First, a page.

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Musée Marmottan Monet.
Originally a hunting lodge near the Bois de Boulogne, this property was bought by Jules Marmottan in 1882 and transformed into a mansion by his son Paul Marmottan. The father was passionate about collecting works of art from the Middle Ages and the Renaissance. And his son Paul loved pieces from the First Empire.
Upon his death in 1932, Paul Marmottan bequeathed his mansion and collections to the Académie des Beaux-Arts. It opened to the public as a museum in 1934.
For nearly a century, the museum has benefited from legacies and donations of an unparalleled scale. In 1966, Michel Monet, the last direct descendant of Claude Monet, bequeathed his father’s collection of 89 paintings. This museum houses the most extensive Monet collection in the world.
Some of the paintings in this video are part of the current temporary exhibit. Available until August 21, 2022, “The Theatre of Emotions” brings together almost eighty works dating from the Middle Ages to the present day, coming from private collections and prestigious French and international museums.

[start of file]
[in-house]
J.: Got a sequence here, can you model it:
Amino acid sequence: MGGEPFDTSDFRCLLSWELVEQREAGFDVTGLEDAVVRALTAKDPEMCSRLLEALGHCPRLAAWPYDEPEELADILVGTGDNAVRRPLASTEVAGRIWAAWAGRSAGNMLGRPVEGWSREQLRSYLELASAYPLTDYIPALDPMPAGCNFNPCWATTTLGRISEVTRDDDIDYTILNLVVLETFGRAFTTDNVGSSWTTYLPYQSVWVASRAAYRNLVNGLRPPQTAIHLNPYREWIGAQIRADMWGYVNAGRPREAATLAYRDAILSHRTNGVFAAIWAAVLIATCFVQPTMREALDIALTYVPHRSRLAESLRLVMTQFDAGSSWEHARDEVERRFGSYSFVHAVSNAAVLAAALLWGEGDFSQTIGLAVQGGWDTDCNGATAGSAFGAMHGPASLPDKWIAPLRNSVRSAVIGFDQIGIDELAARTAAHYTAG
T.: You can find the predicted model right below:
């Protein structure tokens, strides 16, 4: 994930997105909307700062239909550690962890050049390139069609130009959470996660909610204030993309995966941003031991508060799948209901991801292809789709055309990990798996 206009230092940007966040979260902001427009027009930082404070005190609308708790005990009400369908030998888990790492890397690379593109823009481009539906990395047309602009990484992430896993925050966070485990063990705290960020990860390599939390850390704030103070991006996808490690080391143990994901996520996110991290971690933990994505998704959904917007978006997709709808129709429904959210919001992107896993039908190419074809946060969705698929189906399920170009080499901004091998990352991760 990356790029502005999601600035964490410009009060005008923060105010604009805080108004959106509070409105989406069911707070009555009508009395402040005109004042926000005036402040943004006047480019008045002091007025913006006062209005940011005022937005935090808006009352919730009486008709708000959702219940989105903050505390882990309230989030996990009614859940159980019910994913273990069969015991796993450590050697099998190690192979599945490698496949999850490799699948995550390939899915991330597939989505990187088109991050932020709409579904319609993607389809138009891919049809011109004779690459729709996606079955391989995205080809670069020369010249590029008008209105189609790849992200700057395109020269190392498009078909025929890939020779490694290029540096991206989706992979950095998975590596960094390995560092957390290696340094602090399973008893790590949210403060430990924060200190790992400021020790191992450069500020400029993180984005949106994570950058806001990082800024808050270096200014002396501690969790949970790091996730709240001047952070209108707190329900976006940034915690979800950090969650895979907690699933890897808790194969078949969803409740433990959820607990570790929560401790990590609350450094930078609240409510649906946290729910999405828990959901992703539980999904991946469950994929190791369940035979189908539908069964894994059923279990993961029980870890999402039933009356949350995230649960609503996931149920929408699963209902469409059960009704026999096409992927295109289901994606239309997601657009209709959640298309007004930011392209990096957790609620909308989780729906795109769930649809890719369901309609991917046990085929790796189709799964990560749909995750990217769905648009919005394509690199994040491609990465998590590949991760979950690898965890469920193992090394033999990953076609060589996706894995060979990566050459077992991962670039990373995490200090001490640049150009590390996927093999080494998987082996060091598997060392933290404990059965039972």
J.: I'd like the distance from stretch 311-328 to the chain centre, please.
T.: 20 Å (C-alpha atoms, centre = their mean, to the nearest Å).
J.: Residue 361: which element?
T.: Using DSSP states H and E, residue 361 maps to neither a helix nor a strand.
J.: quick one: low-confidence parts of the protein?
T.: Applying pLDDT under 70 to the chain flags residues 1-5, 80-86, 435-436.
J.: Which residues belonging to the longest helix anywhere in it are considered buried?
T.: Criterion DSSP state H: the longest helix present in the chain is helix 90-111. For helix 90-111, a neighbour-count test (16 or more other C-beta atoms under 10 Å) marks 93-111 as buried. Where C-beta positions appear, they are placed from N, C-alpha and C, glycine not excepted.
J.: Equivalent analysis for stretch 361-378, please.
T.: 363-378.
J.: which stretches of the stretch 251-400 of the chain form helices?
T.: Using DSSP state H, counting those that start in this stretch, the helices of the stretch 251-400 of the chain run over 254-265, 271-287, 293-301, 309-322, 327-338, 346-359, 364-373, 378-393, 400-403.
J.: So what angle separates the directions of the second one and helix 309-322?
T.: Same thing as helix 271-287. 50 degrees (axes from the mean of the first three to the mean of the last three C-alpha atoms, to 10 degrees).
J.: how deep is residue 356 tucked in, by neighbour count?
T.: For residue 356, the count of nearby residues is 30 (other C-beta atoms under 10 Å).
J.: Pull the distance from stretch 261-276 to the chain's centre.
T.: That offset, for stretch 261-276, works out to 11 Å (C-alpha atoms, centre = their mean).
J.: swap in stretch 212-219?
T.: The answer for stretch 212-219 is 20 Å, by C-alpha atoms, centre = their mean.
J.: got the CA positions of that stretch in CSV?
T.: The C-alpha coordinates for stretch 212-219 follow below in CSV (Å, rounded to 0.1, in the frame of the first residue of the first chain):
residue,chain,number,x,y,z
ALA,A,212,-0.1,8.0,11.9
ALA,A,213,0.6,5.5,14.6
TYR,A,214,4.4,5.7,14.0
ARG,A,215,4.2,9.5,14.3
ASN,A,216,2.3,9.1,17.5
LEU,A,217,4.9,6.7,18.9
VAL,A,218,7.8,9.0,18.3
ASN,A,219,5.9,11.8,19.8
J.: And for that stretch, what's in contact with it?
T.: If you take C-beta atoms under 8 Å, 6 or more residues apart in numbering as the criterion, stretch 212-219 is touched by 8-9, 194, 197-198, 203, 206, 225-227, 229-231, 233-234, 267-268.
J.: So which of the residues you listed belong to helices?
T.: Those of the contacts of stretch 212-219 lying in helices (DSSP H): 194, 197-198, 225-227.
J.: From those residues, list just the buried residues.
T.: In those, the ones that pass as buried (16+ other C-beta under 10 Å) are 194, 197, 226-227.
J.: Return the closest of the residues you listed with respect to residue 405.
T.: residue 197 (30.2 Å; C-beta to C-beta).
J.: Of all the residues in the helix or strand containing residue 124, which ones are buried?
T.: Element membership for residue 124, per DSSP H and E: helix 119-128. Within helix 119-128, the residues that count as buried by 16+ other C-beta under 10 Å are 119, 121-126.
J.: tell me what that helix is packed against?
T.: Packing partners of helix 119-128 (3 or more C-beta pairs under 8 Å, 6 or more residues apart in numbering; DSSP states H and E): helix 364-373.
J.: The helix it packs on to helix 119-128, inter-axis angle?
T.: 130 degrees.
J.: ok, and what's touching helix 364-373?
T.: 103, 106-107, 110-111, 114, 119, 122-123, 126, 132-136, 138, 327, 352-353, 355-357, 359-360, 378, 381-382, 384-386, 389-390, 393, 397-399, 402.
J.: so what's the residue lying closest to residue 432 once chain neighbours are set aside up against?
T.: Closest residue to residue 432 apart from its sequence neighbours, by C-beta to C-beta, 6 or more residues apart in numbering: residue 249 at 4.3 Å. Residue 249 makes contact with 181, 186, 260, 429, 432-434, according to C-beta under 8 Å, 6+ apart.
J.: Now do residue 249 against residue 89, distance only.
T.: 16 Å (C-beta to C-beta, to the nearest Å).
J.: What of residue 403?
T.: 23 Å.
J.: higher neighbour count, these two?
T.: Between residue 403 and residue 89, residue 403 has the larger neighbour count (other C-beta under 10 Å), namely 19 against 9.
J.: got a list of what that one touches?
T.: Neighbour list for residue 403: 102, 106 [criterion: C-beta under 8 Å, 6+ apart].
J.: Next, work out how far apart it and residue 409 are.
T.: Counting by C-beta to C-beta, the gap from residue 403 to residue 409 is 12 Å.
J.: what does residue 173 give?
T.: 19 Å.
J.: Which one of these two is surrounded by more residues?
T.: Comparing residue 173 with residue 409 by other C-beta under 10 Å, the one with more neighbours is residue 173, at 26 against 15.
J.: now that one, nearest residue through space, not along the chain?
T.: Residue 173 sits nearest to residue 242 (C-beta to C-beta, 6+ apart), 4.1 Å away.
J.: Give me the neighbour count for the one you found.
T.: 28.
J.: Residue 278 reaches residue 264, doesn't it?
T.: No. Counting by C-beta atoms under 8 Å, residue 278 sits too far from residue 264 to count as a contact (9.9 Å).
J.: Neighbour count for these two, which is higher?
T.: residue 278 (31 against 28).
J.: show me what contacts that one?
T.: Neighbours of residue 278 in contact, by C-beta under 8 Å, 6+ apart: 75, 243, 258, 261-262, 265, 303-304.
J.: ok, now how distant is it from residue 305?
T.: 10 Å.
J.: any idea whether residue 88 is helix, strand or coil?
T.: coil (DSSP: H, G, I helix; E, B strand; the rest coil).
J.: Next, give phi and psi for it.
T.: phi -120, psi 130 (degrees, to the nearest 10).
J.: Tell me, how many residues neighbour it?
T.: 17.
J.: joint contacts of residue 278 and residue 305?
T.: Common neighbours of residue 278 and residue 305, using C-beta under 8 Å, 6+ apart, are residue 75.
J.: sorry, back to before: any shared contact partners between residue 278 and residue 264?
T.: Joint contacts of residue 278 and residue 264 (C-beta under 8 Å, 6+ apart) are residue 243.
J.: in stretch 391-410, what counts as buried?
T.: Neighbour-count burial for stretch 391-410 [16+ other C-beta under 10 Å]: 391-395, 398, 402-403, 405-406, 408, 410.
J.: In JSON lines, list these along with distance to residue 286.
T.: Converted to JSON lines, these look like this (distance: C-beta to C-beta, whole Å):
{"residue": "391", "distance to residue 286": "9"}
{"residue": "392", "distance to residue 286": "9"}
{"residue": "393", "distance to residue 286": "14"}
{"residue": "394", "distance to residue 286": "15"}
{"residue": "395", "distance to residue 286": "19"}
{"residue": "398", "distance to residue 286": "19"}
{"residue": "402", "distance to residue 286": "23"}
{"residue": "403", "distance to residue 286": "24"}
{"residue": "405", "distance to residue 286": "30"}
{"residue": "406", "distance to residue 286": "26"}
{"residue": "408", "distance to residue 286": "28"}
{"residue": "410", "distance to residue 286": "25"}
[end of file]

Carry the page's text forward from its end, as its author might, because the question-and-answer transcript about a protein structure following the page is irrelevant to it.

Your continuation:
This stunning, evocative exhibition retraces the history of emotions and their pictorial expression from the fourteenth to the twenty-first century. Emotion, with its “often intense reactions,” is systematically present in the visual arts, where it is explored, sought out, and translated in many ways. Emotion is frequently the meaning behind many of these works and is used to suggest the flesh and stimulate curiosity. All its expressions are illustrated there: from suffering to joy, enthusiasm to terror, and pleasure to pain.
At the end of this video, I share a moment as I stepped out of the museum and into the neighboring Jardin du Ranelagh. A children’s orchestra played such lovely music for guests of the park. And the final shot is of a little boy on my metro ride home. He knew all the metro stops and conductor calls by heart!
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